Online anonymity not always impersonal
Bullying seems like a simple term â one that we all recognize.
Still, it has taken six teens taking their own lives in the last month alone before it yet again became evident to the American media that thereâs been a spike in the hateful pandemic spreading through todayâs youth.
The most recent of these tragedies took place in New Jersey when Tyler Clementi, a freshman at Rutgers University, jumped off the George Washington Bridge on Sept. 22, three days after Clementiâs roommate allegedly streamed live webcam footage of Clementiâs intimate encounters with another male student.
Cruelty is not a new discovery. The more horrific aspects of the incident lie in the methods of communication involved.
Clementiâs farewell statement was simply a chilling Facebook status update that read, âJumping off the gw bridge sorry,â according to The New York Times.
Clementiâs roommate abused technology to violate privacy; many of our peers do as well.
This casual attitude toward web media and proliferation is disturbingly pervasive. For Clementiâs roommate, it resulted in charges of privacy invasion.
But how many more tragedies like Clementiâs can occur before we stop standing by silently?
The complication with virtual bullying is that it provides a mask of unique anonymity that allows people to be more abusive than they would ever dare be to a personâs face.
Moreover, the instantaneous nature of Internet slander has eliminated those key moments that involve thinking before you act.
As shown in The Social Network, even the origins of Facebook, Mark Zuckerbergâs Facemash.com, are allegedly ones of cowardly teasing.
Despite the reckless hatred that so often surrounds us in the Millennial set, we do have a few things to be grateful for.
We are making strides toward acknowledging this bullying on a legislative level, with acts like the Matthew Shepard Hate Crimes Prevention Act, enacted in October 2009.
Additionally, in January 2009 the California state legislature enacted one of the first laws in the country dealing directly with cyberbullying.
Demonstrating that the same viral nature of our generationâs technology that contributed to Clementiâs death can still be put to constructive use, public figures, such as Ellen DeGeneres, have used video posts to promote tolerance.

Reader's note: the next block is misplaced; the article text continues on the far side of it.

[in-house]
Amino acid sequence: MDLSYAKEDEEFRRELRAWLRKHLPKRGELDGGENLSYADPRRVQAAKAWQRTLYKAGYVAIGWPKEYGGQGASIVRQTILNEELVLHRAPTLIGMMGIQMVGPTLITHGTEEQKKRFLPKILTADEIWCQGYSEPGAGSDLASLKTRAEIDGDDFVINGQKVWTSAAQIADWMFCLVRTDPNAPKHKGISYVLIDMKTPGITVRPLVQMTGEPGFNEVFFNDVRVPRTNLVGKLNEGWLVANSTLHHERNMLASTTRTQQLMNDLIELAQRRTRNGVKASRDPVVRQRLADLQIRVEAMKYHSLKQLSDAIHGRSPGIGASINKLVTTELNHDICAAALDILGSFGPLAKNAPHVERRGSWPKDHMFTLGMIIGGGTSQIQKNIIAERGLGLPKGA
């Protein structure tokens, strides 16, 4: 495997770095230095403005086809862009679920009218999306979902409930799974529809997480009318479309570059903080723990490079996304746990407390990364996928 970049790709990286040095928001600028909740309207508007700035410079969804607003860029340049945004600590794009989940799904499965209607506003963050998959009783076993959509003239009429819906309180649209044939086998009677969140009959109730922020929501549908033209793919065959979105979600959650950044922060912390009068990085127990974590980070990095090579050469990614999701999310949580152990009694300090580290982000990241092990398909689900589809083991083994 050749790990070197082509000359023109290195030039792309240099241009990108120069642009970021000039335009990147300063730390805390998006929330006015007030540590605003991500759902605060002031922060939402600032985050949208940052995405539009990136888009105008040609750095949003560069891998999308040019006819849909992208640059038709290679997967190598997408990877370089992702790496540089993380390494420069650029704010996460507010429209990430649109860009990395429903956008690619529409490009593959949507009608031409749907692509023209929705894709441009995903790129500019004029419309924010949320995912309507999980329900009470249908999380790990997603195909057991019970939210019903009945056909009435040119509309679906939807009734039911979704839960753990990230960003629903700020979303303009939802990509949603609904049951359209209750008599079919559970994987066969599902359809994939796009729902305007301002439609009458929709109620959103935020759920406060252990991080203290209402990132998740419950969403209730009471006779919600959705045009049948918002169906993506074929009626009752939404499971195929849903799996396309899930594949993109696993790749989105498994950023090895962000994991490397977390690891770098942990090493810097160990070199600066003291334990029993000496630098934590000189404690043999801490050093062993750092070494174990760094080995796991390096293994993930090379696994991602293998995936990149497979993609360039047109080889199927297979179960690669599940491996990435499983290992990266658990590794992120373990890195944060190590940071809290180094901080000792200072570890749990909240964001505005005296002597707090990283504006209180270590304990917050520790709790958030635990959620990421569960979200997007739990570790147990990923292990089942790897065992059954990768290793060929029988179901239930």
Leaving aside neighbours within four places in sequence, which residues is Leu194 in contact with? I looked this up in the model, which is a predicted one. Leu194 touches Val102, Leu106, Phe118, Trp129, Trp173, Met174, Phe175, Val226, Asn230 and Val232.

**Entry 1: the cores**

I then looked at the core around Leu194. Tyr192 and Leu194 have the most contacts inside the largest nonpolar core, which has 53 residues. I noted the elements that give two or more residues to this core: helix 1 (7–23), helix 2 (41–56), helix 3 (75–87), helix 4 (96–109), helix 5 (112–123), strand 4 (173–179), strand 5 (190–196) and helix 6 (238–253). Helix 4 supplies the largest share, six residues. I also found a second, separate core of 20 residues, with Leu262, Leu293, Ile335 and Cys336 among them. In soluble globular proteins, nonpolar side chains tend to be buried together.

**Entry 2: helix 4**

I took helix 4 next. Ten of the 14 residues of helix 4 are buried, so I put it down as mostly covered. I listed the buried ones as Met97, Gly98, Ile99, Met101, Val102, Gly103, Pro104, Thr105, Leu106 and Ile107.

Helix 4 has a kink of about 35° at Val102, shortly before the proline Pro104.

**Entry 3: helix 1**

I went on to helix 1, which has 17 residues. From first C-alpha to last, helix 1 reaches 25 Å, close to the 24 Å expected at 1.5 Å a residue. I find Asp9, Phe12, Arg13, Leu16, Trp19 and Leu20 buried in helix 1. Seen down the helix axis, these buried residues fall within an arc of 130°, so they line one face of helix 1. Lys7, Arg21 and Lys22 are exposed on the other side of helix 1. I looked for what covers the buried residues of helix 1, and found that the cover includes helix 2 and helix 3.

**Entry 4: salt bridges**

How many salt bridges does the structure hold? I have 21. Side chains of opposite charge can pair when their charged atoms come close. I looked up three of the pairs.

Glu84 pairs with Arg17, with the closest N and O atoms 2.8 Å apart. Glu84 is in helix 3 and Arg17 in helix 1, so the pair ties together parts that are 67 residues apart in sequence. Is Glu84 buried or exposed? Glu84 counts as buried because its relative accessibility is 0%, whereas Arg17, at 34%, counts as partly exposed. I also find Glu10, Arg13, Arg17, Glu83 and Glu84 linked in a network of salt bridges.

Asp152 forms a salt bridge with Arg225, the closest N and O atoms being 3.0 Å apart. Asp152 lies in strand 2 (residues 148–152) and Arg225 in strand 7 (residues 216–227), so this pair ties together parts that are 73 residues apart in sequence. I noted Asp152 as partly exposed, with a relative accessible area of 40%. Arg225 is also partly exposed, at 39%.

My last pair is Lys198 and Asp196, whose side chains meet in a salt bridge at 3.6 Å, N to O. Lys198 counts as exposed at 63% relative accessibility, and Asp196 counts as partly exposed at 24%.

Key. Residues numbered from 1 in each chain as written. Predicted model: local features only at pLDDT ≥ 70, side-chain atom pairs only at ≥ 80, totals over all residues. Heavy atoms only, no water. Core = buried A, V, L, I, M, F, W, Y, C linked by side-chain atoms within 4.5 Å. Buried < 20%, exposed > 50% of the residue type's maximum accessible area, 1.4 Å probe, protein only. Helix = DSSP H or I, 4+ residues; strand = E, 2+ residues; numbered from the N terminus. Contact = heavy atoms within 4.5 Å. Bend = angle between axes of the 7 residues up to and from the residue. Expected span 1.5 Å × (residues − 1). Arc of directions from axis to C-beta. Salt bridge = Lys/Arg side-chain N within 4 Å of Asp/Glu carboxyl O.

But for every Ellen, thereâs a 50 Cent, who tweeted despicable remarks about oral sex and suicide following this monthâs tragedies.
Openly gay journalist Dan Savage recently started the It Gets Better Project, a video series that encourages lesbian, gay, bisexual and transsexual adults to submit videos about how they were able to recover after childhood bullying.
But unfortunately, itâs become increasingly evident that cyberbullying doesnât always stop after graduation day.
Michigan Assistant Attorney General Andrew Shirvell, for instance, ran a blog vilifying the University of Michiganâs first openly homosexual student body president, Chris Armstrong. He called him âSatanâs representativeâ and a âNazi-like recruiter for the cult that is homosexuality,â going so far as to stalk and harass Armstrong, his family and friends on Facebook.
All this from a public official.
The bottom line is this: With technological power comes social responsibility, and our generation has been given more of the former than any other before us.
Thresholds need to be more tangibly determined and limits more clearly drawn. Of course, these are things that develop over time, but how much time are we willing to waste when more and more tragedies like Clementiâs are appearing on college campuses?
Allegra Tepper is a freshman majoring in print and digital journalism. Her column, âTalkinâ âBout My Generation,â runs Tuesdays.